It was the Prussian State Supreme Court building before World War II, but after the war it was designated as the Allied Control Authority Building. Just as Berlin was supposed to be ruled jointly by the Allied Kommandantura, so ruined Germany was to be ruled jointly from this site. Of course, by 1969-71, it was clear that things had not turned out as expected; the building had become a sleepy symbol of obsolete policies. Only the air traffic control center continued to operate from a corner of the building. It took on new life in 1969 when the four wartime Allies made it the venue for the Four Power discussions that led to development of the 1971 treaty establishing the new status of Berlin, in particular, of West Berlin.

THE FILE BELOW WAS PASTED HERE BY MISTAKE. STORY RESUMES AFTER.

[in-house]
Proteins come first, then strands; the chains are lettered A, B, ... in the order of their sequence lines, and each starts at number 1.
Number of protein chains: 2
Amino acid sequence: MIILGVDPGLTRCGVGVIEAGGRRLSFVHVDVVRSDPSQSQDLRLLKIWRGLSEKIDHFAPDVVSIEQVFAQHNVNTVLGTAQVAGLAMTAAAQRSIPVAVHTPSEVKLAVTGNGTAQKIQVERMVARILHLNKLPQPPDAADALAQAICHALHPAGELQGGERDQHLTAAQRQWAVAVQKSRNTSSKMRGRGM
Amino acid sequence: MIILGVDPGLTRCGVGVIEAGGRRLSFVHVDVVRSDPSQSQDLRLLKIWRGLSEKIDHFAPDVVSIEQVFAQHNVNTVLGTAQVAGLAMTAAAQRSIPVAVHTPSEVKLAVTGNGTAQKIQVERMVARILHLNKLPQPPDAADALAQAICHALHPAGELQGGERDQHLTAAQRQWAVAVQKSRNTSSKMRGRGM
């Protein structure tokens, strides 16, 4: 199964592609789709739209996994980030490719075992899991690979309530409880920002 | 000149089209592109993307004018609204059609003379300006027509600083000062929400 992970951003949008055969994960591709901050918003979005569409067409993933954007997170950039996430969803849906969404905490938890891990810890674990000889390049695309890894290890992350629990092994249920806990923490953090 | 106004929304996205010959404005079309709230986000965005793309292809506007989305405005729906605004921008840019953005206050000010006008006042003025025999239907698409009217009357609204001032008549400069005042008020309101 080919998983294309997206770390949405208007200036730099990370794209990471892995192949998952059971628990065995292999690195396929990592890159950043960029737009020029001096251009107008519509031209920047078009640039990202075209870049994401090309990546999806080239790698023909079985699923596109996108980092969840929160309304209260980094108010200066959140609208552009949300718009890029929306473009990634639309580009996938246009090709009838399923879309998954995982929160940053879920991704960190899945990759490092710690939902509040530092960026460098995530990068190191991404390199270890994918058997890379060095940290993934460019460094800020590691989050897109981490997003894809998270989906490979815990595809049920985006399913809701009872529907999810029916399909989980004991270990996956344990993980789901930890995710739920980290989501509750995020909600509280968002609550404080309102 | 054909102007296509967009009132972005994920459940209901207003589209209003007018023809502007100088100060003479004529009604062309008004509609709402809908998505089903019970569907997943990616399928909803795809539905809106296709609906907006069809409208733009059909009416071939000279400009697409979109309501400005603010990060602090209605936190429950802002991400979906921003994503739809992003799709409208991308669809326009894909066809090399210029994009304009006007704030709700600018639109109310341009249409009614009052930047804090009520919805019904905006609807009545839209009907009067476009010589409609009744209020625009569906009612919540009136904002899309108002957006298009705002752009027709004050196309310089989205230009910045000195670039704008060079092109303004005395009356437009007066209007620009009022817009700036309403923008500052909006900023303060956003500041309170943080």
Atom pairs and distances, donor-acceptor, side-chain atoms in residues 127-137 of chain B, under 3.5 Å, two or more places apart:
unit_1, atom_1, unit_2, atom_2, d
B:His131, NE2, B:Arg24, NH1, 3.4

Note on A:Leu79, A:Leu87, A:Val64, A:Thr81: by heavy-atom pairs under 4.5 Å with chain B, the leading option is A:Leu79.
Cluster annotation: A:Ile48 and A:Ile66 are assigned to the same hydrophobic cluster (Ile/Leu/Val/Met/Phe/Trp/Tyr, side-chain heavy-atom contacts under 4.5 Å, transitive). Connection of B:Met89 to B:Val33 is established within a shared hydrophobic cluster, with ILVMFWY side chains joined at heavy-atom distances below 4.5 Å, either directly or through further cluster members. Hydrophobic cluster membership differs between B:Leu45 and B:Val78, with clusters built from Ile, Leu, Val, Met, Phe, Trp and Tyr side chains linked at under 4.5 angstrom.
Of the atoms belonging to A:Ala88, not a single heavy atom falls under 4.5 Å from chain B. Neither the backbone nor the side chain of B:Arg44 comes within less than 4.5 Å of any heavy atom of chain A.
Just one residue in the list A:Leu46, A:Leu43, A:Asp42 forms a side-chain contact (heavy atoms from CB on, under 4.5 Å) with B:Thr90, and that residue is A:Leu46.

In the early Spring of 1970, I dropped by to take a series of photos at the gates of the building, as staff prepared for the arrival of ambassadors of France, the Soviet Union, the United Kingdom, and the United States of America. Located in the American Sector of Berlin, it was protected by Military Police and city police. [According to website reader Steve Combs, himself a former Berlin MP, the MP on the right in the photo on this page is Kevin Flanigan, 3rd platoon, 287th MP Company, Berlin Brigade – “the Law East of the Elbe” as they were known.]
Links in the following *.pdf are obsolete, but the photos and text offers some of the flavor of what turned out to be a key piece in the “3-D chess” game being played in Central Europe. To read this *.pdf go to the bottom of the frame and choose either to download it or expand the document to full screen.Four-Powers-Meet
For folks back home it was not as important at the Vietnam War peace talks, as reported on the Fort Worth, Texas television station’s 10 p.m. news.
For more on how the negotiations affected everyday life for Berliners, read Air Corridor Pawns.
— story and photos by R. W. Rynerson